AS ABOVE, SO BELOW
AS BELOW, SO ABOVE
An immersive audio-visual installation by Melanie King, Amy Cutler, and Sapphire Goss, which explores the micro and macro scales of nature.
Multi-channel projected installation (scaled for each venue), 2019.
Digital video, infinite loop.
This multi-faceted installation will inspire you to look up to the sky, while simultaneously directing your attention to the microcosms below your feet. Inspired by the deranged scales of super- funded nature documentary – which easily toggles between micro biotic life-forms and wide overviews of planetary survival – we collapse scales in our audio-visual display of the sky and sea.
This work draws together stationary and mobile scales of horizon, from shifting tidal zones and vintage landscapes, to constellations of light on water, and infrared film capturing living surfaces. The synth music describes a score for the looping of cinema in these “living pools”, simultaneously under, over, and at the surface level. The use of spheres is inspired by the history of nature film as not a “square genre”, to be watched passively in the black box of television or cinema (where our eyes have gone square), but as a circular genre, developed from the round eye of science. Early film and projection devices were related to the microscope, the magnifying glass, the probe, the telescope, and the circular loupe lens and fresnel lens. Meanwhile, astronomy and cinema are linked as a shared “science of light”, with humans sky-gazing for beacons and lanterns since time immemorial. We channelled this idea in creating a film of the nature of Margate entirely in cinematic portals and eclipses – not all necessarily harmonious, and some as fragile as a bubble.
Nature composes some of her loveliest poems for the microscope and the telescope.
Imagine seeing on more than one timescale. Why is this disturbing? Because you are already living on more than one timescale. Ecological awareness is disorienting precisely because of these multiple scales. (...) There is no one scale to rule them all.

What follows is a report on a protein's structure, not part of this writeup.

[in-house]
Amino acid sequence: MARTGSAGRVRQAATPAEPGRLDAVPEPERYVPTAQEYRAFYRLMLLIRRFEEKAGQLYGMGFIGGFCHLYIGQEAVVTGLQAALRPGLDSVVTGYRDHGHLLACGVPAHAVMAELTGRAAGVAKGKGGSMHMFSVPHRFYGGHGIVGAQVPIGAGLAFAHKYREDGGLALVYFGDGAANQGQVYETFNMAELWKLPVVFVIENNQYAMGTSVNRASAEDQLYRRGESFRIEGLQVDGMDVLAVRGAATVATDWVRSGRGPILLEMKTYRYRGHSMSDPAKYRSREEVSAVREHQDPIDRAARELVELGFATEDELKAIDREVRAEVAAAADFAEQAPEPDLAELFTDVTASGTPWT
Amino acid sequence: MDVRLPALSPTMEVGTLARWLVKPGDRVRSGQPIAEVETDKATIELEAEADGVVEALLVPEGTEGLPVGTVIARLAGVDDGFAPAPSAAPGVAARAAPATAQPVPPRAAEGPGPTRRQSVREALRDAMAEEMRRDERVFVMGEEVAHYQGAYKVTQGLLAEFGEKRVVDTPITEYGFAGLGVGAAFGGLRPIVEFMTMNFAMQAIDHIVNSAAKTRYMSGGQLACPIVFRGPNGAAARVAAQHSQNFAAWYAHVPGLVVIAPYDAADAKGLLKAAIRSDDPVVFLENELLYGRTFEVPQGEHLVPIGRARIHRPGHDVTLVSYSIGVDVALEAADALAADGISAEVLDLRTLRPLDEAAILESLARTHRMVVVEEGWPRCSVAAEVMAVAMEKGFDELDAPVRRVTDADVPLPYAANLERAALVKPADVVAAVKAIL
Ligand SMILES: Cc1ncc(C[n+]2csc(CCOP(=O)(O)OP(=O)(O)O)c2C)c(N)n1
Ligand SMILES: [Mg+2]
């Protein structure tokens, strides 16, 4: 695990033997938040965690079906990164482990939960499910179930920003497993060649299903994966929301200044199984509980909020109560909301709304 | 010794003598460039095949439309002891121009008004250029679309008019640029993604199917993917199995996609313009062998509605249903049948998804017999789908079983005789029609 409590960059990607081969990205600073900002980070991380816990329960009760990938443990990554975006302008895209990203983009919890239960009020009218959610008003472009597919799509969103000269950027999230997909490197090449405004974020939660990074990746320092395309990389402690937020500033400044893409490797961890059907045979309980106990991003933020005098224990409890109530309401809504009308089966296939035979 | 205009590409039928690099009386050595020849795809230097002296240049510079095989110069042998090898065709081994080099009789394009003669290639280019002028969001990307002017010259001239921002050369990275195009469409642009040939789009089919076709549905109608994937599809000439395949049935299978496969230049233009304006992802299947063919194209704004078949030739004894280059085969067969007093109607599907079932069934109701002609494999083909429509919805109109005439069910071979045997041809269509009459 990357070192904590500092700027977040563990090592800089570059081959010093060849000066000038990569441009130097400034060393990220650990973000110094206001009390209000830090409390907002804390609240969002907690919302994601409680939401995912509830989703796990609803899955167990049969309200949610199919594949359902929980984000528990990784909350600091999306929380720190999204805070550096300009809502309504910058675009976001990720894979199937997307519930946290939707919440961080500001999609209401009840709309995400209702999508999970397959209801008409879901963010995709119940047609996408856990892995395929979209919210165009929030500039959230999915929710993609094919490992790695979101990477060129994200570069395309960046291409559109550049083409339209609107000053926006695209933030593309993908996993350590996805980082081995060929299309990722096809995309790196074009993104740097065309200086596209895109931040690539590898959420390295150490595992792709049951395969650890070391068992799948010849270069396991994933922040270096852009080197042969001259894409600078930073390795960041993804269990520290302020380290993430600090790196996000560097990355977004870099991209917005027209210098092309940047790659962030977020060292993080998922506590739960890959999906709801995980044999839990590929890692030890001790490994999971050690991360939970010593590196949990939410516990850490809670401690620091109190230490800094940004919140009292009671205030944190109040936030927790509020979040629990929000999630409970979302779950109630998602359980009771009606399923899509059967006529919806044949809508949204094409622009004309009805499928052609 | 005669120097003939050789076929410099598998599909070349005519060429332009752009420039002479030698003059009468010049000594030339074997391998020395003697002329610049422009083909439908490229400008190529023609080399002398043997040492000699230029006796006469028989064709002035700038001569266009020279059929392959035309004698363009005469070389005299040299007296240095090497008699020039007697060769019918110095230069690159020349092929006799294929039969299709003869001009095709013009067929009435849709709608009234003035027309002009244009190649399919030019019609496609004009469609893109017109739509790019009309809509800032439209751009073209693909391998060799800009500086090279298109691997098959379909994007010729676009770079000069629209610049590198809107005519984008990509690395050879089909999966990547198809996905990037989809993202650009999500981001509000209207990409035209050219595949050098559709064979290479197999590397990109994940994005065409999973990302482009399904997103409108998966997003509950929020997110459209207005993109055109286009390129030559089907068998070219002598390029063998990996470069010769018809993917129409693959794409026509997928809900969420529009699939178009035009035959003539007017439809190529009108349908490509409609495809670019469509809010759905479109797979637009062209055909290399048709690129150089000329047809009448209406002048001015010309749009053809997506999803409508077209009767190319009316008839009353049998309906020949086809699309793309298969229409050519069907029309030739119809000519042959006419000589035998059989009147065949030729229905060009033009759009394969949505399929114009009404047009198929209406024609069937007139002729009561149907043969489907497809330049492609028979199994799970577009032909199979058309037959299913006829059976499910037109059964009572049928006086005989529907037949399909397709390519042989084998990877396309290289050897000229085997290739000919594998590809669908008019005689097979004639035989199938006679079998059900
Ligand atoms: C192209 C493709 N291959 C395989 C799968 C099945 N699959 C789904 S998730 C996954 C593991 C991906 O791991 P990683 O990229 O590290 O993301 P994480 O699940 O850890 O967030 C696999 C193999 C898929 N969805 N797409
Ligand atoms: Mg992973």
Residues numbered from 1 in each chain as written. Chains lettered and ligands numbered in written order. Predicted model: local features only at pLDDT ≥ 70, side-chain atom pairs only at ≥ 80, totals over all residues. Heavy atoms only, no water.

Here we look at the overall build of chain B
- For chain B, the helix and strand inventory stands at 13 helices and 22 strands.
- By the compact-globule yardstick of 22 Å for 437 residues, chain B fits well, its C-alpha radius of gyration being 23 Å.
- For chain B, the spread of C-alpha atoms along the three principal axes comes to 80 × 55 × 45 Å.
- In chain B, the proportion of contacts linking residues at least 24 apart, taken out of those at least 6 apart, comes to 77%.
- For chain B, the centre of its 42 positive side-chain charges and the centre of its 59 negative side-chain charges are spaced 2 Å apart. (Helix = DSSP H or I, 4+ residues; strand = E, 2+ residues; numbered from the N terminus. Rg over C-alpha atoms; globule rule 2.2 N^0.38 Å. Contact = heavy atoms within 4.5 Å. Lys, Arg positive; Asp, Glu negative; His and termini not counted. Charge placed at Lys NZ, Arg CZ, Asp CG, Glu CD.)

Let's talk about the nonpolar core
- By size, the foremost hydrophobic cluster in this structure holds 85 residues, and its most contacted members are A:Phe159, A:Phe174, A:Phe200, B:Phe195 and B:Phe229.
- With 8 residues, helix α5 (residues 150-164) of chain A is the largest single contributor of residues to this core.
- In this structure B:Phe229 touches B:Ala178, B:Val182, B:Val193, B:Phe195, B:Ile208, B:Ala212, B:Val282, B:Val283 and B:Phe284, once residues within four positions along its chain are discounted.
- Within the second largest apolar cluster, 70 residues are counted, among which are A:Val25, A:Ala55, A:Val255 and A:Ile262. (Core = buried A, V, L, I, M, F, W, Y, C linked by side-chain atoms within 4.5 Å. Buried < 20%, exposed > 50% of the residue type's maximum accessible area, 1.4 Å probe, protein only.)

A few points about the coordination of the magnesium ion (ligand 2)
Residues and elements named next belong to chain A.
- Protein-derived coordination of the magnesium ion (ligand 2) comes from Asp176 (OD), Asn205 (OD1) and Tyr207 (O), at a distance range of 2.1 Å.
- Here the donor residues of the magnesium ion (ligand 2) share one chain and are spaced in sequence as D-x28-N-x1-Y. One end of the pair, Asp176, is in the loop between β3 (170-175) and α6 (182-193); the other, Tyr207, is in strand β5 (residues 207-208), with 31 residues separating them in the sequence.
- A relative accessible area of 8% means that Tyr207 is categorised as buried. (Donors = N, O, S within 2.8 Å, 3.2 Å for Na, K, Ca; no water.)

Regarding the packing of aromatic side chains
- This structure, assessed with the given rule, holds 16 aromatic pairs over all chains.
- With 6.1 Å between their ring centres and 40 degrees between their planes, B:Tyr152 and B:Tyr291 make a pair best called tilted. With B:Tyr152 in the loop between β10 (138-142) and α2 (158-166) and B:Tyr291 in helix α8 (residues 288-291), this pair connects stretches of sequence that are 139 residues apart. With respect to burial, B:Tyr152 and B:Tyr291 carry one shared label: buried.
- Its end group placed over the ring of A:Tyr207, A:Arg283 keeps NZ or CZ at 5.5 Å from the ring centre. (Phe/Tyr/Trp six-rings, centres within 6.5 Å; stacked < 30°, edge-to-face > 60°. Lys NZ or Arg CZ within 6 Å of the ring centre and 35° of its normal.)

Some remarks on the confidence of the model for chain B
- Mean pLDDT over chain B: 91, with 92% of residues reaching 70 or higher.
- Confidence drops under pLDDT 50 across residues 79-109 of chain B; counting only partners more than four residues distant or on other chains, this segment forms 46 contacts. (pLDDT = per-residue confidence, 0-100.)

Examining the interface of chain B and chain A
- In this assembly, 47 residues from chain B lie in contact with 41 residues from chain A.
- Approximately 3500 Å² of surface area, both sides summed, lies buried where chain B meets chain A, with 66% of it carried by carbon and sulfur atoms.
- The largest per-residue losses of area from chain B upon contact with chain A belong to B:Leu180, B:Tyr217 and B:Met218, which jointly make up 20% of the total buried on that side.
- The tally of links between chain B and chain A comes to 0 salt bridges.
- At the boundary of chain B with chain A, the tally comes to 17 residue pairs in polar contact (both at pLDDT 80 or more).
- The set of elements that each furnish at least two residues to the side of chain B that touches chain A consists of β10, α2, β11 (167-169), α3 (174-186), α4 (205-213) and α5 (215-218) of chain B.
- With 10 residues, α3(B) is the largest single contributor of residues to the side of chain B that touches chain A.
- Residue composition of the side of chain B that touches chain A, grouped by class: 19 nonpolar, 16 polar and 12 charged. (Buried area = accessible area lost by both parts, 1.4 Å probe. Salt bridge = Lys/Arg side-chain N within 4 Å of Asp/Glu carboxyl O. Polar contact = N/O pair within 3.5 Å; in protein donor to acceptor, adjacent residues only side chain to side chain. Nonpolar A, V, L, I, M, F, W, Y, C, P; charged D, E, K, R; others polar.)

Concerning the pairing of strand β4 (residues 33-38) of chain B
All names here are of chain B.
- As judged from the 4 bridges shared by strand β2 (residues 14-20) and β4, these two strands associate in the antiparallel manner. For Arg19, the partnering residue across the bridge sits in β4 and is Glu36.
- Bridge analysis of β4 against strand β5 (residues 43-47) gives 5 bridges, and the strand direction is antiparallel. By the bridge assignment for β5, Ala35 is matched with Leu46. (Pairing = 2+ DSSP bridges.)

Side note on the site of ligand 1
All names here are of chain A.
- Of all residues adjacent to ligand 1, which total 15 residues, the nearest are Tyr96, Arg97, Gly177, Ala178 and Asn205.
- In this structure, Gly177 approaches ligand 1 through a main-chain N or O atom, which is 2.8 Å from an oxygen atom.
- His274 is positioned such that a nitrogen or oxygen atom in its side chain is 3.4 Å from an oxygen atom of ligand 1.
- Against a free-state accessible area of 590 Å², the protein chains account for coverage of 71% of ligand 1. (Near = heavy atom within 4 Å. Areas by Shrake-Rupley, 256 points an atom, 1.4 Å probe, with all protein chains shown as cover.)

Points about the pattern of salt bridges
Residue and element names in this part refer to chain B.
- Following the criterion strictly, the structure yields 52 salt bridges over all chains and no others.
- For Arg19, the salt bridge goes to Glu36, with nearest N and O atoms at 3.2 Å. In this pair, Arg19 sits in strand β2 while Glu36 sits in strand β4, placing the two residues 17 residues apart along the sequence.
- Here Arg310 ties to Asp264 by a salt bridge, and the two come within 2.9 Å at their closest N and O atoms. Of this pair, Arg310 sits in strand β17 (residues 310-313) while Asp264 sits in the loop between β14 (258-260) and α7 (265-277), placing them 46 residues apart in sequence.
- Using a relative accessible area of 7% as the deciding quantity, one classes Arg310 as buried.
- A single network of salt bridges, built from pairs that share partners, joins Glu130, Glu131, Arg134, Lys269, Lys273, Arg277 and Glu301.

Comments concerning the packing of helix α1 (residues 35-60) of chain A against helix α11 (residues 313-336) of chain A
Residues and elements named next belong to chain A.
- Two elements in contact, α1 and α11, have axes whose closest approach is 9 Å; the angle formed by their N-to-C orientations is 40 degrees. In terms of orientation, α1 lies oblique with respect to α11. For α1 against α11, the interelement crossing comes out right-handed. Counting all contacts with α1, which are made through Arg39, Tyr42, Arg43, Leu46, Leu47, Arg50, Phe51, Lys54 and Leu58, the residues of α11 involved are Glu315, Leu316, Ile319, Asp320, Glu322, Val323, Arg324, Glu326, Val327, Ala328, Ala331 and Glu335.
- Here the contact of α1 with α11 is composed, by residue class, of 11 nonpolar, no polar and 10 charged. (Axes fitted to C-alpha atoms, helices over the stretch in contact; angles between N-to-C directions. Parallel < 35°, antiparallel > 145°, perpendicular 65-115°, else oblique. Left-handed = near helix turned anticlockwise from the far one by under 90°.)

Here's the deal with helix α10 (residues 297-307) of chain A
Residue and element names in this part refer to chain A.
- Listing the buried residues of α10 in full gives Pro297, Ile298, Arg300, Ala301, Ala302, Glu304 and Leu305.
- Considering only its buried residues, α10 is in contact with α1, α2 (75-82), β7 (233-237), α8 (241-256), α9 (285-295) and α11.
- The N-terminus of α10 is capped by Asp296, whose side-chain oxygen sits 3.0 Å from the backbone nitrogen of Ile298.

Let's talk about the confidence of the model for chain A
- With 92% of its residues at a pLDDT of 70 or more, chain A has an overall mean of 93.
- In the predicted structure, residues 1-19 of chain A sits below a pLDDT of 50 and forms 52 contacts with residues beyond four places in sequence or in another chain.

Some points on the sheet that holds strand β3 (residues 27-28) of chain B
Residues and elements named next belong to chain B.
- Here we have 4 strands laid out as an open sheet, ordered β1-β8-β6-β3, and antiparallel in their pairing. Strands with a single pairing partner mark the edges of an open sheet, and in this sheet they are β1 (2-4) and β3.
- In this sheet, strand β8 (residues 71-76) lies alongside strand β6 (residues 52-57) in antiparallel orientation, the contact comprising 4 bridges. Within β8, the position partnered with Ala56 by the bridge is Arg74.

may came home with a smooth round stone
as small as a world and as large as alone.
For whatever we lose (like a you or a me)
it’s always ourselves we find in the sea.
-e. e. cummings
We don’t live our lives against the backdrop of an unchanging cosmos, with cold and barren globes fixed in place. Our perspectives are always moving and reflected, and both film, and sky, can be seen as a photo-graph (a drawing of the travel of light, whether on light sensitive film or on the celestial sphere). Since the astronomical discovery that the universe is not fixed, but dynamic, and therefore transient, cosmic space has been used to mark, elegiacally, the reflections between our own passing and the world’s passing
For this installation our film-making in Margate was inspired by the idea of cosmic spaces, distortions, and scales, from the reflection in a drop of water making up a rockpool constellation, to the time scale of our entire species in long-travelled starlight – the incredibleness of the this-wordly in the other-worldly.
We must measure ourselves against the Universe.
Every time Moon goes around the Earth it also moves away a little, due to its tidal interactions with oceans. Moon, too, like all in a Transient Universe, never truly repeats itself.
The Moon’s presence is a signifier of an enormous absence. A reminder of all the other moons that we shall never see.
As a result, a viewer in the right position will see many small images of the sun. The glitter may be caused by natural movement of the water, or by the movement of birds or animals in the water. Even the ripple from a thrown rock will create a momentary glitter. The exact pattern seen depends on the viewer’s precise location. When the sun is really low above the horizon, the glitter breaks because of the waves, which could sometimes obstruct the sun and cast a shadow on the glitter. Caution should be exercised while observing the glitter.
Journal of the Optical Society
The surface glittered out of heart of light,
And they were behind us, reflected in the pool.
Then a cloud passed, and the pool was empty.